EUTR perspectives - The non-governmental organisation (NGO) view

Saskia Ozinga, FERN and Emily Unwin, ClientEarth: "Challenge of making it work – The non-governmental organisation (NGO) view"

The EU Timber Regulation (EUTR) is the element of the EU FLEGT Action Plan that has seen most heated discussion between NGOs and the European Commission. NGO pressure and even a draft regulation presented to the Commission by Greenpeace, FERN, and the World Wildlife Fund (WWF) in 2004 were needed before the Commission came up with a proposal in October 2008 (1).

Although the proposal has been widely welcomed by NGOs, much needs to be done before the Regulation will be effectively implemented. Consistent enforcement by all EU Member States in a manner that is coherent with the operation of the Voluntary Partnership Agreement (VPA) under FLEGT is, for example, critical to ensure its effectiveness. VPA licensed timber gets a ‘green lane' under the EUTR – the fair operation of the EUTR therefore demands consistency between the terms and application of VPAs and the EUTR, with regard to excluding illegally harvested timber from the EU market.

There remains a risk though that if the EUTR is not strongly enforced it will become a shortcut, which may ultimately undermine the VPAs. All will depend on the implementing and delegated regulations and the implementation by Member States, which should ensure that no business to business deals can be concluded under the EUTR.

Critical Issues

The most important things to be addressed before an effective implementation include:

• The Commission must give clear directions in the implementing act, requiring frequent, regular, detailed checks by competent authorities in the Member States on monitoring organisations and the Member States must ensure that these are implemented.
• The Commission should give clear guidance to Member States on what is required for checks on operators by Member States' competent authorities.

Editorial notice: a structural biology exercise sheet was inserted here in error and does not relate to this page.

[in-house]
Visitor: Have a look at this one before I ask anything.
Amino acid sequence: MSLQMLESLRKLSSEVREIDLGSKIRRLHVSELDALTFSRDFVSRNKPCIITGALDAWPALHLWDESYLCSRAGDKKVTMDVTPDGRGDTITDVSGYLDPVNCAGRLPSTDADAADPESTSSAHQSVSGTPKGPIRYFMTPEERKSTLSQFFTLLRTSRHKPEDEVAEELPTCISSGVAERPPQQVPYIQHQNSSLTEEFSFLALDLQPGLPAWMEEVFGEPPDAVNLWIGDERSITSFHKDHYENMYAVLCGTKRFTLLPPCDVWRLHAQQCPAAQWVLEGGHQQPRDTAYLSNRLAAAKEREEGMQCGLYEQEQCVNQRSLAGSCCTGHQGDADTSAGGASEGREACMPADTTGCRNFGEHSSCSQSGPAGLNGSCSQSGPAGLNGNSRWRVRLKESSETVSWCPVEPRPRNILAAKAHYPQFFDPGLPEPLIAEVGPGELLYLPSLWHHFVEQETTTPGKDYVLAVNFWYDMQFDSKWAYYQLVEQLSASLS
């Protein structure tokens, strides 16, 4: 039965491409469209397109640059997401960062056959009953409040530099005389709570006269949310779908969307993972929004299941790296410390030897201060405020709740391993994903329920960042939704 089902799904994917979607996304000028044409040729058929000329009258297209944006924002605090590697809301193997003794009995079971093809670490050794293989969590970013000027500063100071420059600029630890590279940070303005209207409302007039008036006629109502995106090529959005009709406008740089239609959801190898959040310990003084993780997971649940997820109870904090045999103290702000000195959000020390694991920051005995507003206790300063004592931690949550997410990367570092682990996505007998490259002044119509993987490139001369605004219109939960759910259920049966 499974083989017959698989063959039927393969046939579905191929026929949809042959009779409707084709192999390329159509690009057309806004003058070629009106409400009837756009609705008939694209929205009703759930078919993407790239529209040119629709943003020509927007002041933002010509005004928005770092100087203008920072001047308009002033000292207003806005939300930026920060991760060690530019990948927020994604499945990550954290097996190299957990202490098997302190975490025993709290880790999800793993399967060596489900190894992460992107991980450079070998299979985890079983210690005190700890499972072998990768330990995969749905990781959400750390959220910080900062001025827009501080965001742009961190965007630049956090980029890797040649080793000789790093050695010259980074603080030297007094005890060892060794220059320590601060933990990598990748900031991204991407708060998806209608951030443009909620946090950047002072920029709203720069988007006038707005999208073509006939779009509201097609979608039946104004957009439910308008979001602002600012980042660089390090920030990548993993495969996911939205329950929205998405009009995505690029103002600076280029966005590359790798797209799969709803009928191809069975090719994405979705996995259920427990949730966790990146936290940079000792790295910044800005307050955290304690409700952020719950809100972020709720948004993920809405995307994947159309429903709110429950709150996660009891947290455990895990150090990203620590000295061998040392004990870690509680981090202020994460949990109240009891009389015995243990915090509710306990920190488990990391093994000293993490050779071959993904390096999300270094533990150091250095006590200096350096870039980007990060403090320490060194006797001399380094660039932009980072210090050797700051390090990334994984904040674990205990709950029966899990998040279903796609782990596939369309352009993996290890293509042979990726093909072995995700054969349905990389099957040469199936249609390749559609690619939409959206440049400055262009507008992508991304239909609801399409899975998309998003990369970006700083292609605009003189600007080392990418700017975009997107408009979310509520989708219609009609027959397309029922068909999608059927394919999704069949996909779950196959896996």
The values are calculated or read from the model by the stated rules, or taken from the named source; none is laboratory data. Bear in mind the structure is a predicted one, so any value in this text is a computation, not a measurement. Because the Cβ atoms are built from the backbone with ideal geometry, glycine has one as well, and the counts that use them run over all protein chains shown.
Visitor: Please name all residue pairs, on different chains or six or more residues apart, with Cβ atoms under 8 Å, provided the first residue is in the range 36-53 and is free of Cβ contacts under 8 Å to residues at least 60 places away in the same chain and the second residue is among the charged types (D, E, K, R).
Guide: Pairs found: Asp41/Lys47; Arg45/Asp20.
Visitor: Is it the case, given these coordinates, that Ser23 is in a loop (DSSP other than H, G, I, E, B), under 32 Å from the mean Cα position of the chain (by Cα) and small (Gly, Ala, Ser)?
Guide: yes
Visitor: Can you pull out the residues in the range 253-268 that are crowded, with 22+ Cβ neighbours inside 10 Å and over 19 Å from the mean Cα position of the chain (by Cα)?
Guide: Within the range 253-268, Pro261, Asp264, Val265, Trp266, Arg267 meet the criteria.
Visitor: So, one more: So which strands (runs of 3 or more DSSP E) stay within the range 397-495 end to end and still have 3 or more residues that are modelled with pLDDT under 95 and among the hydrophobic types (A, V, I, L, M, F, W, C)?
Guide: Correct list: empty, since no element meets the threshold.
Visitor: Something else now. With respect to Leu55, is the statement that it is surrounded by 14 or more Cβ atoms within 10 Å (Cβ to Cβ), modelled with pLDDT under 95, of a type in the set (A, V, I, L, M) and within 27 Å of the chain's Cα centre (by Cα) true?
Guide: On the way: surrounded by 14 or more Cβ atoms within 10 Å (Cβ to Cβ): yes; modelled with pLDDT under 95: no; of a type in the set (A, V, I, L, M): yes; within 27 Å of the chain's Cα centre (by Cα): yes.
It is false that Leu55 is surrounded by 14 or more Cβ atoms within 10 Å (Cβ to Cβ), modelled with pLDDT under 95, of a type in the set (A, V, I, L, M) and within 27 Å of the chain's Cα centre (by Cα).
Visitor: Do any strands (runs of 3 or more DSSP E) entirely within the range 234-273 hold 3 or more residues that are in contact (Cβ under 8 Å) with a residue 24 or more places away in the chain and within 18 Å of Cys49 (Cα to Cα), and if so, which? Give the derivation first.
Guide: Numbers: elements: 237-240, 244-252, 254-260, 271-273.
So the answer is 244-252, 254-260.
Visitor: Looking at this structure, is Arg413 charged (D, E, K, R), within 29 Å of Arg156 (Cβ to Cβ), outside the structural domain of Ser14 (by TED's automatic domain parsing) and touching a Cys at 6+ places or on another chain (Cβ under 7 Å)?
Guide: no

• The term ‘places timber on the market' is to be interpreted broadly in order to avoid loop-holes and to ensure a level playing field.
• The Member States must create penalties for operators, monitoring organisations and traders
that are ‘effective, proportionate and dissuasive', and commit to frequent compliance checks to ensure the impact of the EUTR is the same across the EU.
• Legality verification and certification schemes should not become ‘green lanes' like the VPA licenses. Certification schemes are tools that operators may choose to use as a part of their due diligence system.

Ten years ago, illegal logging was an unspeakable issue with most governments denying that illegal logging occurred in their country. With six VPAs finalised and legislation in place to control trade in illegal logging in the EU and the US and similar moves under discussion in other consumer markets, much progress has been made.

Having invested in these targeted measures, the challenge now is to make them work in practice. The EU and Member States must develop and apply systems and penalties for the Timber Regulation that are sufficiently clear, coordinated and robust to ensure the intended aims of both Timber Regulation and VPAs are achieved.

1. Commission Proposal COM(2008) 644/3. Available at:

This article can be found in the latest issue of EFI News, which concentrates on the countdown to the EU Timber Regulation (EUTR). The issue offers points of view from industry, an NGO, the European Commission, a producing country and a trade federation. 

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